Tips for Smart Pointers in C++

Part I - Brief Summary for Various Smart Pointers

1. auto_ptr
- RAII and transfer-of-ownership semantics based, but no shared-ownership
- Managed heap object will be owned by one and only one
- Assignment/Copy Construction will transfer ownership
- Can be compiled with STL containers, but wrong semantic

2. scoped_ptr
- RAII semantic based, but no shared-ownership, nor transfer-of-ownership semantics
- Managed heap object will be owned by one and only one pointer
- Assignment/Copy Construction are forbidden
- Can't be compiled with STL containers

3. shared_ptr
- Reference count based
- Managed heap object could be owned by multiple smart pointers
- Assignment/Copy Construction will add ownership
- To avoid memory leak, don't construct temporary shared_ptr object on function call parameter
- Can't construct a shared_ptr object from this pointer (Causes double deletion) 

4. intrusive_ptr
- Basically the same as shared_ptr
- Shared ownership of objects with an embedded reference count
- Can be constructed from an arbitrary raw pointer of type T *
- Try shared_ptr first, if  it isn't obvious whether intrusive_ptr better fits your needs

5. weak_ptr
- Just reference, no ownership, no RAII, no shared-ownership, no transfer of ownership
- Linked to a shared_ptr object and known by it
- Shared_ptr will reset weak_ptr when it decides to destroy the dynamic object owned by it
- It's a safe(no need to worry the dangling reference) way to reference a dynamic object but don't own it
- A nice feature of weak_ptr is that, it can access the internal state of corresponding shared_ptr object 

6. unique_ptr
- C++0x  introduced a new scoped_ptr like pointer: unique_ptr to replace auto_ptr.
- It hide assignment operator and copy constructor
- Transfer-of-ownership can be done using std::move() explicitly

These smart points are only suitable for single dynamic object, for object array, use other smart pointers whose name ended as "_array".
Part II - Tips for shared_ptr

1. shared_ptr VS weak_ptr
- shared_ptr owns some heap object
- weak_ptr points some heap object 

2. Handling this Pointer

It's safe to construct a shared_ptr object from a newly created heap object since it's not managed by any other shared_ptr object yet. But when you want to pass this pointer to a function that expects a shared_ptr object, you will encounter a tricky problem because most likely, the heap object is already created and managed by other shared_ptr objects.

The problem is that, in general, you can't create a shared_ptr from an existing raw pointer - the new shared_ptr you create won't "know" about the other instances that refer to the same object and you'll get multiple-deletes.

2.1. Use enable_shared_from_this from boost library

You can derive from enable_shared_from_this and then you can use "shared_from_this()" instead of "this" to spawn a shared pointer to your own self object.

How it's implemented?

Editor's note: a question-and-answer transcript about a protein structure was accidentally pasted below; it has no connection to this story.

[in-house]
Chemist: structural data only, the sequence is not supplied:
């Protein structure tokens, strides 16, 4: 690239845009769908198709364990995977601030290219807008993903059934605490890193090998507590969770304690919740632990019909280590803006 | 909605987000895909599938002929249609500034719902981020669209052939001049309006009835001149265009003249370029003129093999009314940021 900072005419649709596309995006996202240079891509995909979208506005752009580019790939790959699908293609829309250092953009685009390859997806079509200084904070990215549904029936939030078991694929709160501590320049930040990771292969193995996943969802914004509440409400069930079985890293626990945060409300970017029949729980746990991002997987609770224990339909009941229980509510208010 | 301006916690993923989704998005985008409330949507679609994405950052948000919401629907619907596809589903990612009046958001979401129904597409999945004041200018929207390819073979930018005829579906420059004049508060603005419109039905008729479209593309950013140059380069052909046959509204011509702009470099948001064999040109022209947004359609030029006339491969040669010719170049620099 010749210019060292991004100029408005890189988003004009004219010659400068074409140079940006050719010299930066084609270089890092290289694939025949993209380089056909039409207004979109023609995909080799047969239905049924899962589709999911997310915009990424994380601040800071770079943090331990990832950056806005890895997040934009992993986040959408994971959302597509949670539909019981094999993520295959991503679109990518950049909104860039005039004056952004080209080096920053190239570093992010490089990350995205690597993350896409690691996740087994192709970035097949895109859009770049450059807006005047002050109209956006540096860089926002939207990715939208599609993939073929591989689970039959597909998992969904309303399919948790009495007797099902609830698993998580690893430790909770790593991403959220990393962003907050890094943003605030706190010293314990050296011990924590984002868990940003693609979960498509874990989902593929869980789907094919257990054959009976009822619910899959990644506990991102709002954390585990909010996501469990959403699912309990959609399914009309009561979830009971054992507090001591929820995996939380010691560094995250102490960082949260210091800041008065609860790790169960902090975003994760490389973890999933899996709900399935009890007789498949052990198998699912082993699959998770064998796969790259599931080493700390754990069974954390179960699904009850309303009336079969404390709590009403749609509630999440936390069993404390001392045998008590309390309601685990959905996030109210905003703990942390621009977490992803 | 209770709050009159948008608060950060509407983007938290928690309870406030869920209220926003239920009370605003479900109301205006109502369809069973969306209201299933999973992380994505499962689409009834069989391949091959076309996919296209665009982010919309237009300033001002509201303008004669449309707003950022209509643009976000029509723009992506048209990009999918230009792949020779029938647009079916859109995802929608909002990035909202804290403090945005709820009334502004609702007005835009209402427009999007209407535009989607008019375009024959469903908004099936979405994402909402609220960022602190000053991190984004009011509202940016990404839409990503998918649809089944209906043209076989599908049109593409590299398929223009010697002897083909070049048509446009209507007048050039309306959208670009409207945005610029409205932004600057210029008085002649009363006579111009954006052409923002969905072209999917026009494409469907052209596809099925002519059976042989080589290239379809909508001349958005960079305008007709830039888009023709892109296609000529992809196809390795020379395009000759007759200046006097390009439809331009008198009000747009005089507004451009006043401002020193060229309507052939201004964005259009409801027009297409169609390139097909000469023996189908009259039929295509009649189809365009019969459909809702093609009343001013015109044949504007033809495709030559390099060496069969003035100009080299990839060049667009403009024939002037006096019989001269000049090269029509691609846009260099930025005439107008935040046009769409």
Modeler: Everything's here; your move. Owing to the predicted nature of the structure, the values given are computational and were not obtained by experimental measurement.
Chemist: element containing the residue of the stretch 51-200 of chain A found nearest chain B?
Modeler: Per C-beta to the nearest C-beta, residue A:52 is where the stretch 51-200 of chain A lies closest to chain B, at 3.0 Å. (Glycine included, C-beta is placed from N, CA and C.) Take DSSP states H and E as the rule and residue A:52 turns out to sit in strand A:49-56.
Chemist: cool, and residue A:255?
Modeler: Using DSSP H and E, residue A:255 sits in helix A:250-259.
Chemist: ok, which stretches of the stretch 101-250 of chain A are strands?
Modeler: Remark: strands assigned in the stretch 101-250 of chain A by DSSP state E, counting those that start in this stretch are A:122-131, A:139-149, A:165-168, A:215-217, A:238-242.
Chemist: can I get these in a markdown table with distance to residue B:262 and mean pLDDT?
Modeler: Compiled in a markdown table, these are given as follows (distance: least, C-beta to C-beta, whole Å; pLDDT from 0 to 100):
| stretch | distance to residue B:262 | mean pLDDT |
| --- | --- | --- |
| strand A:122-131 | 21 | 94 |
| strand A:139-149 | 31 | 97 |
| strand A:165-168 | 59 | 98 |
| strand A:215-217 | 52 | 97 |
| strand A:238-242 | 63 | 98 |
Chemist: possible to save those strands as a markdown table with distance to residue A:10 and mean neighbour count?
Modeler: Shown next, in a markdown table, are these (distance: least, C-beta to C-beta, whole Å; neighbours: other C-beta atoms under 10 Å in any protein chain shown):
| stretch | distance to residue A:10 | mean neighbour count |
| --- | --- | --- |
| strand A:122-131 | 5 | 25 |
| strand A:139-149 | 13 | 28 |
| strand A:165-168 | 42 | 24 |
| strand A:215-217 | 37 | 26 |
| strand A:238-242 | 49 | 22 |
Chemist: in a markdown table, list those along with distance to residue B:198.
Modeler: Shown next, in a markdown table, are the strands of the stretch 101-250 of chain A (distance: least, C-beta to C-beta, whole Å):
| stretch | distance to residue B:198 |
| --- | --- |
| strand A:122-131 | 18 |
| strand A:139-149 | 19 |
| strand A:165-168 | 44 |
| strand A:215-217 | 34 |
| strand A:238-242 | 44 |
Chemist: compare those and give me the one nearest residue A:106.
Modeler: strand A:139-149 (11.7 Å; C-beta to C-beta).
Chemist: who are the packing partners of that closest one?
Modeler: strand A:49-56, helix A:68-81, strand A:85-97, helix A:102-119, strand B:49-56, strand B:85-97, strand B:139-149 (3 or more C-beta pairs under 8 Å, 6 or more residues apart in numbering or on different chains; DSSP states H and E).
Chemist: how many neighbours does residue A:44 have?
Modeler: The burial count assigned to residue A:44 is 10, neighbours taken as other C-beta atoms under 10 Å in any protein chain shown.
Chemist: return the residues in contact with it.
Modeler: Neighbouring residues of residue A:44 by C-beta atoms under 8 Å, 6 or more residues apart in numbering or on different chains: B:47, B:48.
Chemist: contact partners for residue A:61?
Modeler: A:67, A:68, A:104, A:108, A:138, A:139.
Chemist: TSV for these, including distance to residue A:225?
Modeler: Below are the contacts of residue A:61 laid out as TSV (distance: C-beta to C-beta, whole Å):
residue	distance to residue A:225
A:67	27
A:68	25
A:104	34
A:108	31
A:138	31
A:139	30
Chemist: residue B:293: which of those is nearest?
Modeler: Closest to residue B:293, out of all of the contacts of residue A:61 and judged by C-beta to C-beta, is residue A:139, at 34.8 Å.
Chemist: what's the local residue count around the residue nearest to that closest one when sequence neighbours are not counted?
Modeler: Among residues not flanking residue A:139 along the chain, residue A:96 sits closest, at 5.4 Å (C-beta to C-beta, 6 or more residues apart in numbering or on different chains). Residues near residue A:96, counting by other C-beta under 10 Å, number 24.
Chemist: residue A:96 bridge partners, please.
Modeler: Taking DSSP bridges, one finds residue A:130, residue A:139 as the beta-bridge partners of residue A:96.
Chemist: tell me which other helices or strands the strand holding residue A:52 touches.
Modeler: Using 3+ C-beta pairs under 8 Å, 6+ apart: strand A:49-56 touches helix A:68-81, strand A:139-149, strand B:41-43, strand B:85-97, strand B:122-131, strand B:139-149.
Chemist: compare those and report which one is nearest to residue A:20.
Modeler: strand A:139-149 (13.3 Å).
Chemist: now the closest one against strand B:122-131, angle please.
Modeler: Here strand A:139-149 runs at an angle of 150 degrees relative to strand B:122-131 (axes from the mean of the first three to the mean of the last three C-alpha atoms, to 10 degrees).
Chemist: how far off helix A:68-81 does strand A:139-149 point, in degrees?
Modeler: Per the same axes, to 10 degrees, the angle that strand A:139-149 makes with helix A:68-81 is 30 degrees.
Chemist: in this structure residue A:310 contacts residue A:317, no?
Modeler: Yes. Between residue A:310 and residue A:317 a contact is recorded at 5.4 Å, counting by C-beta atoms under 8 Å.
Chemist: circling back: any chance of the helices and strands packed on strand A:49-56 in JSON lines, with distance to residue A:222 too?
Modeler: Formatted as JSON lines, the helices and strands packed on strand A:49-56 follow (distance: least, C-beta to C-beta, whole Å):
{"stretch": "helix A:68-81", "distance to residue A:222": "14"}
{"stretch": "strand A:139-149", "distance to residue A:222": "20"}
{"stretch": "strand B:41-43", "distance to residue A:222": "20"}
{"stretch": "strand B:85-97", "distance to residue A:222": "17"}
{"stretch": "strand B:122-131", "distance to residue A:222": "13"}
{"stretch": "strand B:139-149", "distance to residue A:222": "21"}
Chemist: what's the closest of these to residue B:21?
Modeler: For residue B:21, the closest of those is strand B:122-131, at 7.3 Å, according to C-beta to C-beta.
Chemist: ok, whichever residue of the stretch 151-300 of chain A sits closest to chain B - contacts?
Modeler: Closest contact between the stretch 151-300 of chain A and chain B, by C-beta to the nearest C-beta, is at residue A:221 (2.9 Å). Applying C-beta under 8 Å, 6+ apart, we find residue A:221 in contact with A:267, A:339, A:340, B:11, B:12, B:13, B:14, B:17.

- Add a weak_ptr member to point to an existing shared_ptr object that manages this object
- When shared_ptr object get constructed from raw pointer to a this kind of object, it will properly set the weak_ptr inside that object
shared_from_this() will construct a safe shared_ptr object from the weak_ptr member
- In boost shared_ptr implementation, the "sp_enable_shared_from_this()" function will get called in shared_ptr's constructor. In this function, if the passed in dynamic object derives from enable_shared_from_this, it will set the weak_ptr member using itself.

If you adopt this method, you should be careful not creating such object on stack. Because when creating object on stack, the object is not managed by any shared_ptr, so no shared_ptr's constructor gets called and the corresponding weak_ptr member won't get set properly.

2.2 If you know that your object is long lived, you can do the following:

struct null_deleter
template void operator()(T *) {}

Then in your code, just return a shared_ptr(this, null_deleter()).

3. Handling Null Valued shared_ptr Object.

When you are using shared_ptr in your code, sometimes you need a NULL equivalent stuff to represent a pointer that didn't point anything meaningful.

Generally speaking, you have the following choices:
  • Return iterators and the end iterator if not found
  • Boost::optional
  • Silly return codes
Out of all the options boost::optional & exceptions (when there really are exceptional circumstances) are the best methods, if you are dealing with containers return an iterator to end and test for the end iterator.

Returning Zero/Null for smart pointers is acceptable in some cases too, when the other alternatives don't make sense. Consider the following code:

class some_class_name{
template<typename T> operator shared_ptr<T>() { return shared_ptr<T>(); }
} nullPtr;

Use this template function when any boost::shared_ptr<> typed null pointer is needed.


smart pointers overview




shared_ptr for this pointer